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Impending Supreme Court Ruling on Chevron Deference: Impact on FEMA Dispute Resolution

Historically, the courts have had little involvement in review of the Federal Emergency Management Agency's (FEMA) decisions regarding the billions of dollars of federal disaster recovery funding that FEMA administers annually. Legal professionals typically discourage pursuing judicial review of a FEMA denial of funding due to the discretionary nature of most of FEMA's programs and also the high level of deference given to FEMA's interpretation and application of the laws that apply. However, the United States Supreme Court is expected to issue a ruling this month that may nullify years of precedent through the anticipated overturn of the namesake case for "Chevron deference." If this occurs, pursuing relief from an offensive FEMA denial through an action for judicial review in the courts could emerge as a new option.

For decades, federal agencies, like FEMA, have enjoyed significant deference from the courts regarding their interpretation of laws and regulations applicable to the program(s) they administer, a principle known as "Chevron deference" after the 1984 decision in Chevron v. National Resources Defense Council. In short, Chevron and its progeny establish that courts give deference to an agency's interpretation of the applicable law so long as the interpretation is: (i) issued by the agency charged with administering it; (ii) generally rational or reasonable; and (iii) given in a form that would have the force of law, like an adjudication or formal notice-and-comment rulemaking. Now this long-standing doctrine is under intense scrutiny as the Supreme Court of the United States considers two pivotal cases1 that could dismantle it.

What Led Us Here?

Recently, the Supreme Court heard arguments in two cases that put the future of the Chevron deference doctrine on the chopping block. In both cases, Petitioners are challenging a National Marine Fisheries Service regulation requiring commercial fishing boat owners to pay for an onboard observer. About 70 interested non-parties filed Amicus Briefs for these cases, with the majority urging that Chevron deference be overturned or, at the very least, clarified. The core argument is that Chevron deference violates the Constitutional principles of Separation of Powers and Due Process by allowing executive branch agencies to pass presumptively controlling rules, regulations, and policy-level guidance, thereby usurping legislative authority and improperly shifting judicial interpretive authority to the executive branch.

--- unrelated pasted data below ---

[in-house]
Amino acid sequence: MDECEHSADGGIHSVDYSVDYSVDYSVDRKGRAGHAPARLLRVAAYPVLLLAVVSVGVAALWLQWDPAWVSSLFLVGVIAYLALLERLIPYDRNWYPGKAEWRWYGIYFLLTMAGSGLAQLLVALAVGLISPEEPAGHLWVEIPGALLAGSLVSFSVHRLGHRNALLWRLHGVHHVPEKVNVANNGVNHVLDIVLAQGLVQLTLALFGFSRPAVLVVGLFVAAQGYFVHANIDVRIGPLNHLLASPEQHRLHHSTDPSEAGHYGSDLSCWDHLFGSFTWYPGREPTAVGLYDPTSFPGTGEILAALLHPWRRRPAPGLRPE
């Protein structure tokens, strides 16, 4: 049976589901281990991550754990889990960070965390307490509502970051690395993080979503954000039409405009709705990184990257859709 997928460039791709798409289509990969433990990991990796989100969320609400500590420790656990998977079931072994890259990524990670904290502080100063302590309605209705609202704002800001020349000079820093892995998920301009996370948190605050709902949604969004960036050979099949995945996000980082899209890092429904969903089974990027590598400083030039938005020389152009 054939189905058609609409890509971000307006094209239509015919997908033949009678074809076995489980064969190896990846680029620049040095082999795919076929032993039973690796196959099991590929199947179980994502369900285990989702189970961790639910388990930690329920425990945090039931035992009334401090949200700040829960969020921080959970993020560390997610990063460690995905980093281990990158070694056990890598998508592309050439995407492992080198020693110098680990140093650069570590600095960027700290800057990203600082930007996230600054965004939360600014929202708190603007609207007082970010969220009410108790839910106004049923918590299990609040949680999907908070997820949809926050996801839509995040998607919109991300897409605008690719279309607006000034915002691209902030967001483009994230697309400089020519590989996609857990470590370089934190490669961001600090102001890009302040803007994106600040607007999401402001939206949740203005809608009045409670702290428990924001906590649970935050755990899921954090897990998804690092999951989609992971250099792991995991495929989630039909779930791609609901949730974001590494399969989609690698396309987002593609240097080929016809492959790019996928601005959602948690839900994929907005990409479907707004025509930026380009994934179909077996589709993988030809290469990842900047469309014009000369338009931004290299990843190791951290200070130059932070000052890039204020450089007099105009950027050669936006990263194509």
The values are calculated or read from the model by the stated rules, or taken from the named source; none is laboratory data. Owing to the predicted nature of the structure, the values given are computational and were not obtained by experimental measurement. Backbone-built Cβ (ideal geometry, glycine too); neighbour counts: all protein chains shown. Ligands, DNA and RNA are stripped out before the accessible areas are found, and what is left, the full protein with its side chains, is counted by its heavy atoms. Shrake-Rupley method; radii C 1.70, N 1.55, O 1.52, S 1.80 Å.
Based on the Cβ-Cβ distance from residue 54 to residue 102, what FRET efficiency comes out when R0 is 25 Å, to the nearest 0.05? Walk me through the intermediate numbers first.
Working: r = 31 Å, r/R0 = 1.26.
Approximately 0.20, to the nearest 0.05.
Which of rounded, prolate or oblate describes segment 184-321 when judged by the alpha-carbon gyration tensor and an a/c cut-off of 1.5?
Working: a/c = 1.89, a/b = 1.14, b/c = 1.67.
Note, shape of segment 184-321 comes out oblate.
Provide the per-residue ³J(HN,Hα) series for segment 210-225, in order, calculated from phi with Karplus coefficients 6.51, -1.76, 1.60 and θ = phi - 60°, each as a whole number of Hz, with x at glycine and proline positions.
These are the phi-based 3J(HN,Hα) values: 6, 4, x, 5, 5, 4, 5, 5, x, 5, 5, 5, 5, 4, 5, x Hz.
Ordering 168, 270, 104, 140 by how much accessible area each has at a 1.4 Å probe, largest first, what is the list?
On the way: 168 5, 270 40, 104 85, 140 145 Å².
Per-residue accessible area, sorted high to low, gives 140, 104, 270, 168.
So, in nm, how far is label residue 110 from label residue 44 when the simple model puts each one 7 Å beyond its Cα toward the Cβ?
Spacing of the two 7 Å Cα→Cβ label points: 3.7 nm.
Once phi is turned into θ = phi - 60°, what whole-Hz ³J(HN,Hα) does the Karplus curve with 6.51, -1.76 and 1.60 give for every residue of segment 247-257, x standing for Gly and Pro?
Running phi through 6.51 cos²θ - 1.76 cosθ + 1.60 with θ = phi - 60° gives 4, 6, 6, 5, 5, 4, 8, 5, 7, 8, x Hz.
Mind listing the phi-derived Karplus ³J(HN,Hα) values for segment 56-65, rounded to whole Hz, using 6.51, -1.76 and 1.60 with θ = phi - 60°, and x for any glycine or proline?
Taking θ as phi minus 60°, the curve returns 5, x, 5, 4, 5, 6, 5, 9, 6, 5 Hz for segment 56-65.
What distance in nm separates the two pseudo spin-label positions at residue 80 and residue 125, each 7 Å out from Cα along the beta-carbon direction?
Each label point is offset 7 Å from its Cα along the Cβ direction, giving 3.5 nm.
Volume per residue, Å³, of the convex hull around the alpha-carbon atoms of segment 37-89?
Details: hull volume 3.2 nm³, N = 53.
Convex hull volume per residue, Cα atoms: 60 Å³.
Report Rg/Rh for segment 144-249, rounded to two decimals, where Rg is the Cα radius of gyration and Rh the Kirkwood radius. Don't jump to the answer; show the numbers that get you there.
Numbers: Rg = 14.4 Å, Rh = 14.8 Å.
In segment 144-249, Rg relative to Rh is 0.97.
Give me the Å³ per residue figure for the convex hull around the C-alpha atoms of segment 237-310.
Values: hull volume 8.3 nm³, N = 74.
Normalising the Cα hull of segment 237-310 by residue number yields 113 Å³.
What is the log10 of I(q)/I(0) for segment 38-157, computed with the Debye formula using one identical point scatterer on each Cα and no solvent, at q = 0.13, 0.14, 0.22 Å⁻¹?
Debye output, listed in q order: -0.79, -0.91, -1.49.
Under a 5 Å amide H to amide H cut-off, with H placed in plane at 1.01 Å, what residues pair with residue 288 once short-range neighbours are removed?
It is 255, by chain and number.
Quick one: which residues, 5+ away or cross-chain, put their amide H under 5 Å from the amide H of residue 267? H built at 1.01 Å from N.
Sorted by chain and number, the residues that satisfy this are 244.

While it is not yet clear how the Court will decide the pending cases, the prevailing view is that the ruling(s) will include overturn of Chevron deference at least on some level, setting the stage for possible broadening of the availability of judicial review, the likes of which we have not seen since the original decision was handed down in Chevron 40 years ago.

Possible Impact to Review of FEMA's Program Decisions

The governing statute for FEMA's Public Assistance; Building Resilient Infrastructure and Communities (BRIC), and Hazard Mitigation Grant Program (HMGP), the Robert T. Stafford Disaster Relief and Emergency Assistance Act (Stafford Act) is written almost exclusively in permissive terms. Because of this and the specific language found in the Stafford Act Section 305, Nonliability of the Federal Government, courts have generally ruled that FEMA's eligibility determinations are discretionary and therefore immune to judicial review. The few actions that have been accepted for review have almost universally failed to overcome the very high level of deference granted to agency decisions. For these reasons, it has traditionally been extremely difficult, if not impossible, to successfully challenge FEMA's decisions to grant, or not to grant, funding under the Programs it administers.

The reach of the Chevron doctrine is as vast as the reach of federal regulations. Any industry subject to federal regulations could be impacted by the Supreme Court's decision. However, because the Stafford Act is fairly limited in terms of specifics for FEMA's programs, with FEMA instead deciding eligibility in the vast majority of cases based on policy guidance it has issued independently, FEMA's denials may be prime targets for judicial review in the event the high deference currently applied by courts is no more. This in turn would certainly result in a higher level of scrutiny of FEMA's decisions and policies.

There is no provision in the Stafford Act authorizing judicial review of agency actions. As a result, the availability of judicial review is based primarily on the general provisions of the Administrative Procedures Act (APA). With respect to judicial review, the APA provides that "[a] person suffering legal wrong because of agency action, or adversely affected or aggrieved by agency action within the meaning of a relevant statute, is entitled to judicial review thereof." 5 U.S.C. § 702. However, the general right to judicial review granted by the APA is subject to exception when: (1) the governing statute precludes judicial review; or (2) agency action is committed to agency discretion by law. 5 U.S.C. § 701(a). FEMA has generally argued in Stafford Act litigation that its decisions to provide grant funding are not subject to judicial review because they are committed to agency discretion by law.